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      Effect of nutri-bar in the development of stamina building and exercise-performance in young male-athletes

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          Abstract Nutri-bars were prepared (110 g) using dates (64 g), dried apricots (16 g), cheddar cheese (8 g), whey protein isolate (12 g) and roasted-chickpea flour (10 g). Bars were prepared for Pakistani-athletes based on their calories and protein requirement (3500-3925 kcals/day, 1.4-1.8 g/kg body weight). Efficacy trials were performed (1, 15 and 30 days) to evaluate the effect of nutri-bars on blood serum profile, stamina building and body-composition. Results showed that hepatic-indexes such as alanine aminotransferase (ALT), aspartate aminotransferase (AST), alkaline phosphatase (ALP) were decreased (p > 0.05) during experimental-period. At day 30, ALT (6.8%), AST (1%) and ALP (0.4%) indicates the inhibitory effect of nutri-bar on the pathological serum-profile of athletes while significant increase (p > 0.05) was observed in total-protein (0.52%). Liver injury-indexes lactate dehydrogenase, Creatine kinase, total-cholesterol and total-glycerides showed a significant increase (p > 0.05) while low-density-lipoprotein and high-density-lipoprotein were decreased (p > 0.05). Effect of nutri-bar on body composition showed increase (p > 0.05) in body weight (kg) and body-mass index (BMI (kg/m2). In the twelve-minutes running test, distance covered by athletes (p < 0.05) increased after 30 days as compared to day 1. The study revealed the significant (p < 0.05) effect of nutri-bar in developing the stamina building of Pakistani-athletes while the effect on the blood-serum profile was non-significant.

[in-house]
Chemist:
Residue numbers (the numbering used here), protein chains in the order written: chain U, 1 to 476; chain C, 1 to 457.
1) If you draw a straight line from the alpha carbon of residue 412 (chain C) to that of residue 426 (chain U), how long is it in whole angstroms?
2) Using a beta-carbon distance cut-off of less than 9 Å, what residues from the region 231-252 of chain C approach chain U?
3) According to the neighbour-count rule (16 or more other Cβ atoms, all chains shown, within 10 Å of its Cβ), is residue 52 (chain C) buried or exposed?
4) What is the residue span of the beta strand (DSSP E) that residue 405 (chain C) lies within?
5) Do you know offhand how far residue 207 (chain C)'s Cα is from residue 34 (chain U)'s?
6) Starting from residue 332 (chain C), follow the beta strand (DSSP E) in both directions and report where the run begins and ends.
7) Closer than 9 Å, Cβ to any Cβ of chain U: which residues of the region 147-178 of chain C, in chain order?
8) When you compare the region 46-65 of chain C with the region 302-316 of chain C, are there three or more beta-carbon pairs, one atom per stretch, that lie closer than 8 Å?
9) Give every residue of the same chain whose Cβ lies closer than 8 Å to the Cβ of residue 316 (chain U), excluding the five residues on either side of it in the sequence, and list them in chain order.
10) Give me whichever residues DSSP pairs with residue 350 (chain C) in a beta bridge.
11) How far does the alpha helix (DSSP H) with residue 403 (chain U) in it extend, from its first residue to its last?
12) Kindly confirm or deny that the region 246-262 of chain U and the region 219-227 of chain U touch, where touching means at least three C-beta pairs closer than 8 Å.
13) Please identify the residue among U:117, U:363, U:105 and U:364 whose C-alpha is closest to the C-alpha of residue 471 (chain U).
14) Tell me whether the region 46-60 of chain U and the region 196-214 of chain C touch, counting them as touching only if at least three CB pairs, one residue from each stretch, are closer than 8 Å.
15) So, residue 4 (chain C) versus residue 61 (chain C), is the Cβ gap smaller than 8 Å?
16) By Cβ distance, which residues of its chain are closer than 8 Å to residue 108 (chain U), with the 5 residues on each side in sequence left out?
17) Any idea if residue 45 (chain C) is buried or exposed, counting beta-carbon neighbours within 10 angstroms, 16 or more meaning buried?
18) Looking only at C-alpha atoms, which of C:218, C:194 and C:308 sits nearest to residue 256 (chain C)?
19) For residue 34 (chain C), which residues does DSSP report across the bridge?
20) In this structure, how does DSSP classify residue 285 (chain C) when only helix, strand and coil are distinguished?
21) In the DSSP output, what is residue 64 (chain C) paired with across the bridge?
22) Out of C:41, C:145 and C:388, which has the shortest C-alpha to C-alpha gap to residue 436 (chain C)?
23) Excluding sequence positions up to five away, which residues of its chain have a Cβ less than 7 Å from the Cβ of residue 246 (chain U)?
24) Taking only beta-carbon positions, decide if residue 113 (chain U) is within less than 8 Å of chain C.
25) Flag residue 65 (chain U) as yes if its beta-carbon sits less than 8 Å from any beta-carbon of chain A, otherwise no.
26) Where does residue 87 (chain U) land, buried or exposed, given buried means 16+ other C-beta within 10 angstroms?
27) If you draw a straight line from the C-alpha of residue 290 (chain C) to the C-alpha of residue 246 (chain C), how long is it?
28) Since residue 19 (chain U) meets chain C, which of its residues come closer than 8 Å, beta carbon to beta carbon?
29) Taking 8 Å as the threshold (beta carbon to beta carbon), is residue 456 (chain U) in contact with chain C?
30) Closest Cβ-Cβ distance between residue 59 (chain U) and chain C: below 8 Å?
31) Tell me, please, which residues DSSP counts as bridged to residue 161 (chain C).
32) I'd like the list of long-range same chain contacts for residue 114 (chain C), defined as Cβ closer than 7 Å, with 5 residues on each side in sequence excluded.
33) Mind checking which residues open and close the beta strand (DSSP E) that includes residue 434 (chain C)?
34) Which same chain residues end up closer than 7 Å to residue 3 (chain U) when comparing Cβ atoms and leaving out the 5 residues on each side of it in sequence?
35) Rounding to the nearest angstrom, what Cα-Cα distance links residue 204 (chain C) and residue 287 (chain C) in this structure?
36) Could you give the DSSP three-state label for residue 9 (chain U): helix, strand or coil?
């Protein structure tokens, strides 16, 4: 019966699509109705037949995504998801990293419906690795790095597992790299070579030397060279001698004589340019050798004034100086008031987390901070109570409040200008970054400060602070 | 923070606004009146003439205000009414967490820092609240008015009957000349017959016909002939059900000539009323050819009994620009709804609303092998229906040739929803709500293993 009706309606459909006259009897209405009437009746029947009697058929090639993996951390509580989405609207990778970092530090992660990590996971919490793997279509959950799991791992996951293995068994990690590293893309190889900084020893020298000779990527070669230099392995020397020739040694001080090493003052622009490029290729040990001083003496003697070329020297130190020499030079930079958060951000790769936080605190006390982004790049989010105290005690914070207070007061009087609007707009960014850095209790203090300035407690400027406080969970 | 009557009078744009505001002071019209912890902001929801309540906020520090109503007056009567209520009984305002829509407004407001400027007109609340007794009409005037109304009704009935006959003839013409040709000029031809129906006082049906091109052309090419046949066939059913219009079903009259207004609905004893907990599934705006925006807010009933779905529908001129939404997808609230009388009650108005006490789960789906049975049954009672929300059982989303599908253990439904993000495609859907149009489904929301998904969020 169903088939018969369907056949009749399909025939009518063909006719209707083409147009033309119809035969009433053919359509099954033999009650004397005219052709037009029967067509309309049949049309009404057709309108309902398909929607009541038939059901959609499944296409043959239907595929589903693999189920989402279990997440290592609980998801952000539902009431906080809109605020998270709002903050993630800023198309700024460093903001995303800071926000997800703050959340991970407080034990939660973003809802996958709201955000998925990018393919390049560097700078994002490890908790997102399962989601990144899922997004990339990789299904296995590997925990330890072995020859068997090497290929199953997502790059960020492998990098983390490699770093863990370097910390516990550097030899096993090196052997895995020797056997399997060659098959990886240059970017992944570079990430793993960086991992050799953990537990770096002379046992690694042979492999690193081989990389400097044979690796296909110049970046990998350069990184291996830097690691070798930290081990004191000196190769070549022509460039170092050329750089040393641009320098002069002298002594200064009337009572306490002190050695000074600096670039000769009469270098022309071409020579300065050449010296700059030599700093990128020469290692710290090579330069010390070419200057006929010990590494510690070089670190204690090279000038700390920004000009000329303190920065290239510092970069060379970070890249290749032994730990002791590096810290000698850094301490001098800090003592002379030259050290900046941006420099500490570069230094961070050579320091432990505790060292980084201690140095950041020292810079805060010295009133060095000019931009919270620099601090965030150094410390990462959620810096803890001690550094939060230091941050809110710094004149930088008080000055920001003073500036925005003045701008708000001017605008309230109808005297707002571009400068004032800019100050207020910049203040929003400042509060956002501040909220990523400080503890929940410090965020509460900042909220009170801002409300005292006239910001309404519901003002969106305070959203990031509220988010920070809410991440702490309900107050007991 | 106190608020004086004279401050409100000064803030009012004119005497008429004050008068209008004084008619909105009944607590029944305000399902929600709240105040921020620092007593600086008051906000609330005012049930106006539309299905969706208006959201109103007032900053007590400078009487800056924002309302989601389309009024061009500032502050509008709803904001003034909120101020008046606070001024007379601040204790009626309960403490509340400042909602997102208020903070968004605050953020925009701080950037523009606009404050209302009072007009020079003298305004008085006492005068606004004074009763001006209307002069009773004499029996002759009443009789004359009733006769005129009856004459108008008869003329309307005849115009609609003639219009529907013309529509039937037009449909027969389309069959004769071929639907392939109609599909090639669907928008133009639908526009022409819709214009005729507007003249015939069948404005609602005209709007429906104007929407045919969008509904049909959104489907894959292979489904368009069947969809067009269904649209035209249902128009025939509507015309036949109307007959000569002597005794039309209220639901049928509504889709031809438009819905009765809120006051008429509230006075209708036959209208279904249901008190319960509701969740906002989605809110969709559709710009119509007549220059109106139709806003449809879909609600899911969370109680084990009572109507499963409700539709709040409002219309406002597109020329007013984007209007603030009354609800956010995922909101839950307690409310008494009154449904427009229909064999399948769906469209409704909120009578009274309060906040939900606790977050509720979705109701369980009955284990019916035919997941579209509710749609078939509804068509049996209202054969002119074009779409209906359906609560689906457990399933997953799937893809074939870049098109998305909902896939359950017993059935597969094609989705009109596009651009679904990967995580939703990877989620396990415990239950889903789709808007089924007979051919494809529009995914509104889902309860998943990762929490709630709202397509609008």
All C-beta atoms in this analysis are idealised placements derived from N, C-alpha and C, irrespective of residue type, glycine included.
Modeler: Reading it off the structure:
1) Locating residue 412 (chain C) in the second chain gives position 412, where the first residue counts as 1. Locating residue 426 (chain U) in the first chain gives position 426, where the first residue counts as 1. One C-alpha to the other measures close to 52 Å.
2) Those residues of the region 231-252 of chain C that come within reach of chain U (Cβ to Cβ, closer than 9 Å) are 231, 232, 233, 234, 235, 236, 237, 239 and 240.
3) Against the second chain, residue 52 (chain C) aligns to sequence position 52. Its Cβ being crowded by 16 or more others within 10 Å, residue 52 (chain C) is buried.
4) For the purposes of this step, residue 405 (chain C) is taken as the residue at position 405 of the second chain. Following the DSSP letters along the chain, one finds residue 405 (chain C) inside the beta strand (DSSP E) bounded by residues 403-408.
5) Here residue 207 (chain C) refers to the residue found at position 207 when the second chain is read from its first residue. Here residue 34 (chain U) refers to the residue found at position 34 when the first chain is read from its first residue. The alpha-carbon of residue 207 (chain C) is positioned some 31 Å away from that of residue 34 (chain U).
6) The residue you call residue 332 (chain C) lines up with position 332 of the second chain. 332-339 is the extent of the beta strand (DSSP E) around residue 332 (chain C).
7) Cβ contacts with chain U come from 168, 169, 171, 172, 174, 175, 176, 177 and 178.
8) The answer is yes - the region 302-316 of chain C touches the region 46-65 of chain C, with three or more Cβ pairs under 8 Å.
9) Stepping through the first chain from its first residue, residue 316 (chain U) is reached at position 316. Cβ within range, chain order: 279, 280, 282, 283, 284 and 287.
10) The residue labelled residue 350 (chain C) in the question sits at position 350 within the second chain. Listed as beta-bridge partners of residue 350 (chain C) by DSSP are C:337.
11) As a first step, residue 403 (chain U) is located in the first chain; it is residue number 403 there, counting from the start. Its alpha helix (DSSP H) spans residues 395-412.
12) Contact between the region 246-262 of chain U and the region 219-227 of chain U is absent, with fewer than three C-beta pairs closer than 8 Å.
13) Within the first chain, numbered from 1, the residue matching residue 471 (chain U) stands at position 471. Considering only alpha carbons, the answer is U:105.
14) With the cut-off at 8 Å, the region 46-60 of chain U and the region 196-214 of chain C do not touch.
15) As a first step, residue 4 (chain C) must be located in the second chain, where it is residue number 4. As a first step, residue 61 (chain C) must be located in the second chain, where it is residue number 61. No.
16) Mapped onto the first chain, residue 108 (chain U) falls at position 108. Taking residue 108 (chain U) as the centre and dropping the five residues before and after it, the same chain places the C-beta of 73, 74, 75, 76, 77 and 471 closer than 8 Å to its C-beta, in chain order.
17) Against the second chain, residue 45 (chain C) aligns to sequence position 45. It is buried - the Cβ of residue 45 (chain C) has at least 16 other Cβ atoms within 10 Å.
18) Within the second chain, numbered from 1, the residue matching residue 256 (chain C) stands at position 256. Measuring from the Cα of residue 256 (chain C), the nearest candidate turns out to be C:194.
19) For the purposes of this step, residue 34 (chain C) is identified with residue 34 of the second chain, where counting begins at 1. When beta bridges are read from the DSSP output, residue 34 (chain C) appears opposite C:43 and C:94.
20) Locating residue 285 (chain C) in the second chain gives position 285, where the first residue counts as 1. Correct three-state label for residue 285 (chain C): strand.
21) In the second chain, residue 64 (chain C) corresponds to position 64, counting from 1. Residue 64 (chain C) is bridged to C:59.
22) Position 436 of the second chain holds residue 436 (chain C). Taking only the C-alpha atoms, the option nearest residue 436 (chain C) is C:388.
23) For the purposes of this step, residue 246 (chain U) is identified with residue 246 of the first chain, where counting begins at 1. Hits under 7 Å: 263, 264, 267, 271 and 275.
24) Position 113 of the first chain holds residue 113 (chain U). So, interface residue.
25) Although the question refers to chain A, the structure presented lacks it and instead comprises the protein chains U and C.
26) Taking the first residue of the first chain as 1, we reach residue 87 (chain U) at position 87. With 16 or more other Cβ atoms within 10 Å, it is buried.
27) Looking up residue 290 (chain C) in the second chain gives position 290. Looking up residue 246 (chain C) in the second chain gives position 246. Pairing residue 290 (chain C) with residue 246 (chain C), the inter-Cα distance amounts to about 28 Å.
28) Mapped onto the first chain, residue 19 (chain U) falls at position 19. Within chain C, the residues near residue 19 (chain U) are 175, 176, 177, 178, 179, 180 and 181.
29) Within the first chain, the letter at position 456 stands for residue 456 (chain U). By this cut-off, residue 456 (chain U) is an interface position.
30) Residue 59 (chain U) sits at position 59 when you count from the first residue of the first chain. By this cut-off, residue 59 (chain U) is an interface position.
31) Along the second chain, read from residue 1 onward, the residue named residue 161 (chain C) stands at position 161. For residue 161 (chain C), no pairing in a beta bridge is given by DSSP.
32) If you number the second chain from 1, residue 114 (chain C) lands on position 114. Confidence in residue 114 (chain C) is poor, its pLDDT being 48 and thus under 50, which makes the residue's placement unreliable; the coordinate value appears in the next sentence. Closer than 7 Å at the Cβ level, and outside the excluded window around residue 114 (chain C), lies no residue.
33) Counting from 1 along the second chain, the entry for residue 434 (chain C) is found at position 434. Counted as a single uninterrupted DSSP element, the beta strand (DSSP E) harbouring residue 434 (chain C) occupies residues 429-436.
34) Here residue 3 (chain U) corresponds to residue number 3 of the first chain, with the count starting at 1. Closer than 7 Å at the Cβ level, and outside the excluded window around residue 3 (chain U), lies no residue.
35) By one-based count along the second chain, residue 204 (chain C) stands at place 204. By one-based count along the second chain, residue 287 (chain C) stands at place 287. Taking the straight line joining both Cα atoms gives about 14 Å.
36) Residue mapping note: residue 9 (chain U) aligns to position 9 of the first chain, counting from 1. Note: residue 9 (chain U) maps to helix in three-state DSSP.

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          Most cited references 39

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          Creatine-Kinase- and Exercise-Related Muscle Damage Implications for Muscle Performance and Recovery

          The appearance of creatine kinase (CK) in blood has been generally considered to be an indirect marker of muscle damage, particularly for diagnosis of medical conditions such as myocardial infarction, muscular dystrophy, and cerebral diseases. However, there is controversy in the literature concerning its validity in reflecting muscle damage as a consequence of level and intensity of physical exercise. Nonmodifiable factors, for example, ethnicity, age, and gender, can also affect enzyme tissue activity and subsequent CK serum levels. The extent of effect suggests that acceptable upper limits of normal CK levels may need to be reset to recognise the impact of these factors. There is a need for standardisation of protocols and stronger guidelines which would facilitate greater scientific integrity. The purpose of this paper is to examine current evidence and opinion relating to the release of CK from skeletal muscle in response to physical activity and examine if elevated concentrations are a health concern.
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            Dose-dependent satiating effect of whey relative to casein or soy.